DNA sequencing has totally changed the understanding that we have of our genetic makeup and is consequently changing our understanding of early human migration. In an article in the NY Times Science section, human DNA has been found in Neanderthals from Siberia that is 100,000 years old. This upsets the accepted theory that humans of European and Asian ancestry left Africa 50-60,000 years ago. It was a good theory.

Theory is a marvelous invention. It clearly separates humans from other animal forms allowing us to make hypotheses that can lead us to discovery. But theory also has a way of embedding itself into our consciousness in a way that can be obstructive. The DNA discovery has altered a view that anthropologists have long accepted. In my field of English furniture history there are many gray areas where theory has been accepted as fact, something I have written about in the past.

In a recent post, I wrote about Mary Beard’s, “SPQR, A History of Rome” and how she intertwined myth and history as representing factual history. Of course, Romulus and Remus were not nurtured by a wolf, if they even existed, but their story was essential to later Romans. It is a little like believing the myth about George Washington and the cherry tree. It isn’t true, but it serves as a kind of aggrandizement of one’s origins and every family, town and country has them.

The problem is when myth, history and theory are lumped into bad behavior. The takeover of the Malheur Wildlife Refuge is a case in point. The logic of the occupiers was that they, not the Government, should the arbiters of how the land is used. In the eyes of many, the Government is constantly conspiring to undermine our freedoms. Such hogwash! Unfortunately, the result was destruction of property and historical artifacts, a guaranteed byproduct of lawlessness. It is also a story that does not have an end, and so more history and myth will be written. Alas!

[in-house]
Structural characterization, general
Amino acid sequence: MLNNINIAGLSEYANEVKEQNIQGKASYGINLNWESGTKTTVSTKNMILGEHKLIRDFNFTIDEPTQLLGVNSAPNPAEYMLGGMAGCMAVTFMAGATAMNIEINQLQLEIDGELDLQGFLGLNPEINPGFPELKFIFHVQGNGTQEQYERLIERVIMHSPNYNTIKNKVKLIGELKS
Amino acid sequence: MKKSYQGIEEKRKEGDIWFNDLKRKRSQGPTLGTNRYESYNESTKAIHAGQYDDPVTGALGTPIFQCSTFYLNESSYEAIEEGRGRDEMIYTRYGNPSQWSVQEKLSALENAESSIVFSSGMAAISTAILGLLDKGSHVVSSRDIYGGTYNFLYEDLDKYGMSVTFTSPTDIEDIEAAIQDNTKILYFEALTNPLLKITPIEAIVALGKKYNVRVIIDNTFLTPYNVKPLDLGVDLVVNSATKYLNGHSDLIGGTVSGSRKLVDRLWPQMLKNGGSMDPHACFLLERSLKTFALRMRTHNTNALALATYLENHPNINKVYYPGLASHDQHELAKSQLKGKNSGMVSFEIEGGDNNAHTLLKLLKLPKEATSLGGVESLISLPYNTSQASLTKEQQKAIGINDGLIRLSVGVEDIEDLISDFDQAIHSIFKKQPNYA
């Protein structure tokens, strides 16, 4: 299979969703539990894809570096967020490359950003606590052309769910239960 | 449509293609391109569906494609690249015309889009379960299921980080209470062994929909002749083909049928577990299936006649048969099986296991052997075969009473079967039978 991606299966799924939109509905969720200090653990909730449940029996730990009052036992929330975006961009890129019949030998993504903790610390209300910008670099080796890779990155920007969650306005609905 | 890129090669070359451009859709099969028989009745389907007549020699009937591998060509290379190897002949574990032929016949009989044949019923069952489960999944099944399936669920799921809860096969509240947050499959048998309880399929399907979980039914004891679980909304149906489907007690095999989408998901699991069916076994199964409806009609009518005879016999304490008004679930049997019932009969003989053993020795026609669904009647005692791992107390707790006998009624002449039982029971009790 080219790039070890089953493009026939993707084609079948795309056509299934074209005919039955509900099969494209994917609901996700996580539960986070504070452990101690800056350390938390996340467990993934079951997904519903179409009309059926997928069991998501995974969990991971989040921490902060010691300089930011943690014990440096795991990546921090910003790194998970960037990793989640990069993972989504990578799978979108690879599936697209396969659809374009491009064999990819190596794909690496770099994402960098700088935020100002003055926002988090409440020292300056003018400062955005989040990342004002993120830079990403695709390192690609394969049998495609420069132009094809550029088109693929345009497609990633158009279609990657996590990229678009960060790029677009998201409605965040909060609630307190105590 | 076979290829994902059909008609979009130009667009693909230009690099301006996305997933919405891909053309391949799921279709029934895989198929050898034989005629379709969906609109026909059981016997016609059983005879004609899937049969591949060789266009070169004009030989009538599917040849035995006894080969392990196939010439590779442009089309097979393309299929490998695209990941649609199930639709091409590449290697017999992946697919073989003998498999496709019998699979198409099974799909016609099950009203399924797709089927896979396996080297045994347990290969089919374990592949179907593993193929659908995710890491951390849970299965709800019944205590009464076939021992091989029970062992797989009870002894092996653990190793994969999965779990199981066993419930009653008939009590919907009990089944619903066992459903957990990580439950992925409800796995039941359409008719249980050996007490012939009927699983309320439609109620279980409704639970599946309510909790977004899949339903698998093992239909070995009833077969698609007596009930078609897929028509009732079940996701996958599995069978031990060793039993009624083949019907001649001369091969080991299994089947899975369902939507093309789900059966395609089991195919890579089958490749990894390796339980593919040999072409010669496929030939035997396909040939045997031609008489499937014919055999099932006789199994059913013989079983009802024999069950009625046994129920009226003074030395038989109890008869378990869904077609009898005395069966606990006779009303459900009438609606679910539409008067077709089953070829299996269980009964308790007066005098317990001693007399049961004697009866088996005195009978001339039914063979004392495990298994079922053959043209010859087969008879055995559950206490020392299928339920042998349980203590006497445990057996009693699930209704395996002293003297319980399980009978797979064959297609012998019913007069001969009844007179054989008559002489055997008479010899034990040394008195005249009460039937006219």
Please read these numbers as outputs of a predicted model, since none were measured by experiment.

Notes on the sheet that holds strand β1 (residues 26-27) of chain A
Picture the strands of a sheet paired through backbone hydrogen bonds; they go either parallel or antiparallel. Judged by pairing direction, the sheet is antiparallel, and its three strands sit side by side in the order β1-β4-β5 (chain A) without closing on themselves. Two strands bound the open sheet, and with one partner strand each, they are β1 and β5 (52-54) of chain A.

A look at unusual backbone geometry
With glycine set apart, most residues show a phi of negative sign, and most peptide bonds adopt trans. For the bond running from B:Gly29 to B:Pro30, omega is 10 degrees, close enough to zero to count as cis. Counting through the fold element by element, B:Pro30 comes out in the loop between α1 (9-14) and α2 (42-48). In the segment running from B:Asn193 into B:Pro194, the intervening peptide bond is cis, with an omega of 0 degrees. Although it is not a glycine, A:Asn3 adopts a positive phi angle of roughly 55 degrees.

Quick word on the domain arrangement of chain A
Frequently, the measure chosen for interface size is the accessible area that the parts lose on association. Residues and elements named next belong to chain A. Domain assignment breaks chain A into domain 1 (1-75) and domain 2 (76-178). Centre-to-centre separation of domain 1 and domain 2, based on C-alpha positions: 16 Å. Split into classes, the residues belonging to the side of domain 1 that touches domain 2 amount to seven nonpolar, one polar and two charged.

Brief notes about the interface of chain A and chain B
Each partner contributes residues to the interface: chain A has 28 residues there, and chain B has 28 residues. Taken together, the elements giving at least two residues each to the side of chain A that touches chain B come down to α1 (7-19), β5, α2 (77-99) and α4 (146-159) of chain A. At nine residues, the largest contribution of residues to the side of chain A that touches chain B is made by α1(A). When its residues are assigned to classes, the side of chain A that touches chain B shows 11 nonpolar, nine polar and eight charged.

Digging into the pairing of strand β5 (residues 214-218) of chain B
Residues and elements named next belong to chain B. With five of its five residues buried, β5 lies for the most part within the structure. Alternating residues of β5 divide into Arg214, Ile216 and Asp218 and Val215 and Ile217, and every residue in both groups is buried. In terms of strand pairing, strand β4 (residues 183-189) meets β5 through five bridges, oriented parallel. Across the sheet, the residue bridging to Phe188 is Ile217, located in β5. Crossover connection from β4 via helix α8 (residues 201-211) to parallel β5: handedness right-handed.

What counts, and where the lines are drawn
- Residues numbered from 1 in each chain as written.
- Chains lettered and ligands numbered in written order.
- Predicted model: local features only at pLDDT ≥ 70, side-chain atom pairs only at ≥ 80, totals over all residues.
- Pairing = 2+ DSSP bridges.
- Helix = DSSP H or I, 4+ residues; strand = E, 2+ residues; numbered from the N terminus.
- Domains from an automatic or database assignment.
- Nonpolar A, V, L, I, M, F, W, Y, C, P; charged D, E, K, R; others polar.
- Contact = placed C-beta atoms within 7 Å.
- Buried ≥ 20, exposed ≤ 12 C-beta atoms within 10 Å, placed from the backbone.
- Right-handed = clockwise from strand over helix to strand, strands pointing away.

Ross Douthat’s editorial in the NY Times on Sunday called the current climate of our country as one of decadence. Is he really talking about decadence or is he talking about decay? Decadence, as I see it, is a satiation of sensation and would be epitomized by an era such as the Belle Epoque of the 1890’s. The one area of our country that might be considered decadent at the moment is Silicon Valley where money has truly lost its value simply because there is so much of it there. But for the rest of the country, decadence is not really in evidence.

Decadence in the decorative arts usually means the larding of form with exuberant, and not necessarily cohesive, decoration. Gilded putti come to mind immediately. But it must be remembered that the rococo style in the first quarter of the 18th century was thought to be decadent, but it turned out to be quite extraordinarily abstract and could be considered the forebear of all abstract art for its freedom of form and style. Of course, as the style echoed through the centuries, there are interpretations that range from ugly to kitsch to amazingly beautiful. Decadence in the decorative arts has its uses.

I would argue that there is decay in America at this particular time. The decay lies in the balkanization of individual interests. There does not seem to be a common goal. Health care, the bête noire of any number of Presidents since Theodore Roosevelt, is still roiling our politics. The right does not want a “socialist” solution and the left sees it as the only answer. Obamacare lies uncomfortably in the middle, better than nothing but flawed. This issue is one of many that are substantive and the American ability to compromise and come up with a way that satisfies both sides seems remote.

So where does the decay come from? After all, Ronald Reagan and Tip O’Neill were famous for their entente and were able to do things together without partisan rancor. The only answer I can think of is money. If this is where Mr. Douthat sees decadence, I would agree with him. There is too much money in political life. From lobbyists to Political Action Committees, our Congress dances to the tunes of various minorities whose whims may or may not conform to the best interests of our nation. To that end, I would agree that we are indeed in an era of decadence.